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Northwestern Graduate Gains Ground in Farming Start-up

Yuliya Klochan | May 31, 2022
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design renditions of Agroco's Nexus system
The approved design renditions of Agroco's Nexus system

Lorenzo Hernández, founder and CEO of Agroco, is in Colombia, deploying his Chicago-based startup’s response to the need of increasing the global food supply. The company is at a pilot site testing modular controlled-environment farming solutions in both urban and rural settings.

“What we're trying to do is trying to sustainably increase global food production, through vertical farming, and allow more people to have access to it,” Hernández says. “Our solutions, what we are currently deploying and developing, are intended to be lower cost than the leading competitors and more readily able to ship to more locations around the world.”

Hernández graduated from Northwestern University with a Master of Science in Energy and Sustainability (MSES) degree in 2021. The MSES program is administered by the Institute for Sustainability and Energy at Northwestern (ISEN), with the degree conferred by Northwestern University’s McCormick School of Engineering. “The best advantage that I was able to attain from ISEN is to know enough about energy, water, food systems that allows me to be able to create a system like this,” Hernández says.

The best advantage that I was able to attain from ISEN is to know enough about energy, water, food systems that allows me to be able to create a system like this.”

Lorenzo Hernández, CEO of Agroco

In 2021, he and his partner Ben Sych (also MSES ‘21) received $5,000 in funding for Agroco through the Resnick Family Social Impact Program—a grant that supports student projects that advance local and global solutions in sustainability and energy. The Program is administered by ISEN.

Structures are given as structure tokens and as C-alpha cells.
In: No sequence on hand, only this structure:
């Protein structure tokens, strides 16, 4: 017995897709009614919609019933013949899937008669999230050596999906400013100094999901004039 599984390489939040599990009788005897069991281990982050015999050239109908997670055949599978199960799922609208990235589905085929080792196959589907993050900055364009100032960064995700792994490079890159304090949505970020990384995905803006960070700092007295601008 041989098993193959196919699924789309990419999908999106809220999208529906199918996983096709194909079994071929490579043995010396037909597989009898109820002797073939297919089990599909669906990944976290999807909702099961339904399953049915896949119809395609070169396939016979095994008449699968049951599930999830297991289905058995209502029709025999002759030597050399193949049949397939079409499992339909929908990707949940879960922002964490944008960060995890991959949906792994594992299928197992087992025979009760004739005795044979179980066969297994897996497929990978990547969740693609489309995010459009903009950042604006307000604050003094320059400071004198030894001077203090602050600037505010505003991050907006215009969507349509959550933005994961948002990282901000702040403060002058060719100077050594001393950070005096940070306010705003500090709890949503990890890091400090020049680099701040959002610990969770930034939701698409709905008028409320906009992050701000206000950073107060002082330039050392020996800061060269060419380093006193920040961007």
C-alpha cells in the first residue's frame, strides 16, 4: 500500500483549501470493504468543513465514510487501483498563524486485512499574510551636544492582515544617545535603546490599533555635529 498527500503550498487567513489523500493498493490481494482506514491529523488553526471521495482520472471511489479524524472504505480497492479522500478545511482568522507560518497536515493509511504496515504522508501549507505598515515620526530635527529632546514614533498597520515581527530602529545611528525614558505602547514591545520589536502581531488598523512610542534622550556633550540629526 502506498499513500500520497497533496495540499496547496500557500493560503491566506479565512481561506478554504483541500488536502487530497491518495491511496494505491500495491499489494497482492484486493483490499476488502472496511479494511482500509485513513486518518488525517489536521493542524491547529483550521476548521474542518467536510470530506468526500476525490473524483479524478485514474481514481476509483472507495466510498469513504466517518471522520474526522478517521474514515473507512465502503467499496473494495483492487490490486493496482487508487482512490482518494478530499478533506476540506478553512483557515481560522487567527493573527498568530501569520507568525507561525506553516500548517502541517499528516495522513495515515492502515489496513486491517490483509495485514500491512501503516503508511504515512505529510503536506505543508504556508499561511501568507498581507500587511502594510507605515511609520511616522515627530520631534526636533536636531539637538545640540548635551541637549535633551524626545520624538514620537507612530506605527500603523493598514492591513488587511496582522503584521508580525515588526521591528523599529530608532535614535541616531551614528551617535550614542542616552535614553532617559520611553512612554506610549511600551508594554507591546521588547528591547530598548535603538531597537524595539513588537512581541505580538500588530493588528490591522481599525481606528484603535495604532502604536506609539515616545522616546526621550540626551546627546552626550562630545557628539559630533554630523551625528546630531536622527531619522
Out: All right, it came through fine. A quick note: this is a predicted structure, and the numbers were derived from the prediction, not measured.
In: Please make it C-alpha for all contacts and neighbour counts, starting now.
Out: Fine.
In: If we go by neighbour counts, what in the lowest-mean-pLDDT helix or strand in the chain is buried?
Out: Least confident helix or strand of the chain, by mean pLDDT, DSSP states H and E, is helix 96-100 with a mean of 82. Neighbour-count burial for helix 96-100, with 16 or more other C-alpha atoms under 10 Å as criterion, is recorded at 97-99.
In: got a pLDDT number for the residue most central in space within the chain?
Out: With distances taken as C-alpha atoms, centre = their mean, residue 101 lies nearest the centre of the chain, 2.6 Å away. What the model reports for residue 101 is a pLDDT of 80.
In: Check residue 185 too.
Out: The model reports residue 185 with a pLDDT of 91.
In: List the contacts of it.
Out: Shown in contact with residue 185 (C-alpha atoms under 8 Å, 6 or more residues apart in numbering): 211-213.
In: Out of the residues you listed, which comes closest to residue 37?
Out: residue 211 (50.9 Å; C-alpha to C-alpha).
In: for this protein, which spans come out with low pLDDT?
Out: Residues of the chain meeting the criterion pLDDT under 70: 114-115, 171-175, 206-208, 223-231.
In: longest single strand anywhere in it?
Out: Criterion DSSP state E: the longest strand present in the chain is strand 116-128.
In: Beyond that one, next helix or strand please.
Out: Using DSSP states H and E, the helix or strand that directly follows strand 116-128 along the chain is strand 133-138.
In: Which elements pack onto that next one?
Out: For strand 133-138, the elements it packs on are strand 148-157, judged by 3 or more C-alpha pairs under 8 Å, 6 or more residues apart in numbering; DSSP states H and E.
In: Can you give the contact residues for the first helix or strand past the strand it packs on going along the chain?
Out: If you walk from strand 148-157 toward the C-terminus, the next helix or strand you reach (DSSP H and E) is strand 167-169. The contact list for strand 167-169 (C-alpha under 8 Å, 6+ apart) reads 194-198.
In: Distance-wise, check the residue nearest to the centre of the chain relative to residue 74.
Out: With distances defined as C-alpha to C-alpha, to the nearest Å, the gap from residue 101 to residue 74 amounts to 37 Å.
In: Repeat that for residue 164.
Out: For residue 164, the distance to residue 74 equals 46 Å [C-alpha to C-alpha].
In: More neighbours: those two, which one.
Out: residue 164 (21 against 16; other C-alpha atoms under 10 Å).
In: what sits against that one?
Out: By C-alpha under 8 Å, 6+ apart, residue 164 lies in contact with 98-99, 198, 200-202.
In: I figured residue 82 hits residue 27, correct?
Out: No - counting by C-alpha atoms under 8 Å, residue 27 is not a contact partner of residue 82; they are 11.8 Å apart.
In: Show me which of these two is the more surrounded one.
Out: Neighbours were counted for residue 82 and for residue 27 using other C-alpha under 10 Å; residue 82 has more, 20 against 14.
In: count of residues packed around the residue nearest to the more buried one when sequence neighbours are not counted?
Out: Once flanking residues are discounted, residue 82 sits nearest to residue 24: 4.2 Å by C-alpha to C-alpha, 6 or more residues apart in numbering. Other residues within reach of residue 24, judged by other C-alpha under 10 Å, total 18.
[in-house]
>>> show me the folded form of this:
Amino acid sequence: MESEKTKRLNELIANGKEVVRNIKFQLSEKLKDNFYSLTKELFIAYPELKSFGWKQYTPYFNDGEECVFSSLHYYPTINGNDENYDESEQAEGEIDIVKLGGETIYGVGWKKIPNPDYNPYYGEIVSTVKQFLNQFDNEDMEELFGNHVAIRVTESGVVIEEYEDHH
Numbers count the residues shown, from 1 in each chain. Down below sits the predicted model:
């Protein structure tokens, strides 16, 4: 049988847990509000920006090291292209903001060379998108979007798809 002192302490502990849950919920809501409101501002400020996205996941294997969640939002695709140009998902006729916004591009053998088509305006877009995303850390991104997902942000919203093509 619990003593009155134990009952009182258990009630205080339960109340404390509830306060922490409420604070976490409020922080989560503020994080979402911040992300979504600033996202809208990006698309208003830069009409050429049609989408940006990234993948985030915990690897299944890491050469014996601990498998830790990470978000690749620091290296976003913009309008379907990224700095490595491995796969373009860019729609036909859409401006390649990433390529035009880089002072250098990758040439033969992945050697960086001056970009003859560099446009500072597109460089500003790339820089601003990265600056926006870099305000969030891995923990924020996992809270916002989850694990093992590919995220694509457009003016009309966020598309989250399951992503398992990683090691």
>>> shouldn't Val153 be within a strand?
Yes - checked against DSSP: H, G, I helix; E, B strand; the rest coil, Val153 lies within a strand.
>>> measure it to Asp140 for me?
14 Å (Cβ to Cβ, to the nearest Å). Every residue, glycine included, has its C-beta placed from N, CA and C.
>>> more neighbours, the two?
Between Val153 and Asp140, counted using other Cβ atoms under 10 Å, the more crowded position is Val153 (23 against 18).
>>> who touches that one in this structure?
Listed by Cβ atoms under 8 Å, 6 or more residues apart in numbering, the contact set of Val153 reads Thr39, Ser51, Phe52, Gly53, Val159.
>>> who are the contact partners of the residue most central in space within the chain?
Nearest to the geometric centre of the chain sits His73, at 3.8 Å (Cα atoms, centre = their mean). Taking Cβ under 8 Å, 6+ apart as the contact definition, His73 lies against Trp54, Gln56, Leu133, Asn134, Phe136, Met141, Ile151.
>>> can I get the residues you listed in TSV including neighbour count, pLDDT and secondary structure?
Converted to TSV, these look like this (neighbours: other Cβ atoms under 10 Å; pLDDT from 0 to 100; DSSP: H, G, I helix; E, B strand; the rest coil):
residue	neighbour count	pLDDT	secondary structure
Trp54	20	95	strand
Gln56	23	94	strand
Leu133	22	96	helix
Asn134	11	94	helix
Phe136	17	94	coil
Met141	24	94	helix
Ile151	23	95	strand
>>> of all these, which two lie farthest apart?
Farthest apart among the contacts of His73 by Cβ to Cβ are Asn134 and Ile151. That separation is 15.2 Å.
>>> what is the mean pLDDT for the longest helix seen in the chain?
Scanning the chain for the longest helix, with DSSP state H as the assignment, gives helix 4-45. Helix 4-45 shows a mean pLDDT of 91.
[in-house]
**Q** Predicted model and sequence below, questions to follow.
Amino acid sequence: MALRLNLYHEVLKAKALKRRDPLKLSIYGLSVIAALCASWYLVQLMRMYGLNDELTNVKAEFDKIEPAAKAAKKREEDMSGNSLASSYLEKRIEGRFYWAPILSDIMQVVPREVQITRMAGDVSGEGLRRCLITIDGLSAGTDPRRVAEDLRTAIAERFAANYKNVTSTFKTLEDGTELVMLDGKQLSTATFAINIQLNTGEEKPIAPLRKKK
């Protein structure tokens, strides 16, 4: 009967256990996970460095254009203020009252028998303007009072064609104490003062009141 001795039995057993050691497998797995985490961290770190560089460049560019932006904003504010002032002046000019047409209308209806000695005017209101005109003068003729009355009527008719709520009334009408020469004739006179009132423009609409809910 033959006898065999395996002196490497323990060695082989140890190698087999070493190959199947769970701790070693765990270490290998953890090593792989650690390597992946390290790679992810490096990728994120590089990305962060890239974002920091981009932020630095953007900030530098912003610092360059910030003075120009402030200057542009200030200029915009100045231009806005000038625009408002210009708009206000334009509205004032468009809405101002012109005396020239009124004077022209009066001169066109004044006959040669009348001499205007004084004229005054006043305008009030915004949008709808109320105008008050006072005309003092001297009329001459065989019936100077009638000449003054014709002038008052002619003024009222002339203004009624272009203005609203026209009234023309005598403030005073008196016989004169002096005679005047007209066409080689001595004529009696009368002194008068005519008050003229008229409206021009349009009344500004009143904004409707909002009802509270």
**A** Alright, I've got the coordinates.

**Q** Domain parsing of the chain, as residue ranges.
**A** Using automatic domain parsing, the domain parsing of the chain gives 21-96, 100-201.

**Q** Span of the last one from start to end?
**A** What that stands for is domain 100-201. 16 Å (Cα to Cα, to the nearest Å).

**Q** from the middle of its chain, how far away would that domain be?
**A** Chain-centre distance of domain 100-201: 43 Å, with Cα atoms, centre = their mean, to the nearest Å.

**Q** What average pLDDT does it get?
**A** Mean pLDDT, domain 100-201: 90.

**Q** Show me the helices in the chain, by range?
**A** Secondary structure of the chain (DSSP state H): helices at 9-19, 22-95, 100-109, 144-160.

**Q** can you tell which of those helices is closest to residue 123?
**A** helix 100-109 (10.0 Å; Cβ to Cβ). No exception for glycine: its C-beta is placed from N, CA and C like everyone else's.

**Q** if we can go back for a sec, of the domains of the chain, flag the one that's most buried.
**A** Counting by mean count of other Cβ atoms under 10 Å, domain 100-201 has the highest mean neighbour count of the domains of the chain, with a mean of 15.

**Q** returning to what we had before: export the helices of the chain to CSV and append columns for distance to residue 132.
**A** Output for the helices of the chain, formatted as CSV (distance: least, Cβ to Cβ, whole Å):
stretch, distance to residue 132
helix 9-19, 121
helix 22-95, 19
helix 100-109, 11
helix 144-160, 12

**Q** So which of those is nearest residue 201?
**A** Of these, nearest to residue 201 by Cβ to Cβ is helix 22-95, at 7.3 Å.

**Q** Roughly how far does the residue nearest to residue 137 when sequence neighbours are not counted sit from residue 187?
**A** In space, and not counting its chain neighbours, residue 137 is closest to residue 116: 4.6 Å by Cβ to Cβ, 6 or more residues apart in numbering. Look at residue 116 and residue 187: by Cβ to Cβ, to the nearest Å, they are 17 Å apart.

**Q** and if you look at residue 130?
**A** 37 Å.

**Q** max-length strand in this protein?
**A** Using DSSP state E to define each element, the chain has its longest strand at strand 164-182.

Hernández had been tinkering with the idea behind Agroco for two years, but finally came up with the modular solution midway through his MSES program. He says that getting the award provided validity to the project. “Getting that recognition from Resnick definitely accelerated us,” Hernández says. “It only made us bolder: ‘We definitely have something that somebody else has recognized. Let's see how we can further improve it.’” With the funding, the team hired two students and accelerated their product design, development and business strategy. “That vision is becoming more visible and more clear each day,” Hernández says.

Agroco’s mission of increasing food production across the globe is especially important today. Around 880 million people worldwide had insufficient food consumption in early May 2022, according to the United Nations World Food Programme Hunger Map. Additionally, about 25% of total land area across the globe is degraded, according to the International Institute for Sustainable Development. “We can’t rely on the same food system, because we know the same system is already not providing enough for everyone,” Hernández says.

In vertical farms, crops are grown in stacked layers. Growers can install these tiers in climate-controlled spaces such as large warehouses, shipping containers or even regular buildings. Agroco’s modular farming solution is unique—it uses systems that can be placed in both rural and urban settings, even on parking lots. They look like greenhouses, with a solar panel on the top, and are connected to the internet. And, the modules are self-sustaining, not dependent on the power grid and instead powered by renewable sources with battery storage, so they can be installed even in remote locations.

Today, Hernández is already looking 10 to 20 years ahead. He hopes to expand to more than 15 countries. “In 10 years, I envision us to be one of the companies that people come to for solutions,” Hernández says. “As food problems only worsen due to climate change and everything that's going on around that, I want us to be in a position that we're ready for it—we have the system; we have the expertise; we know where to go; we’re talking to the right people.”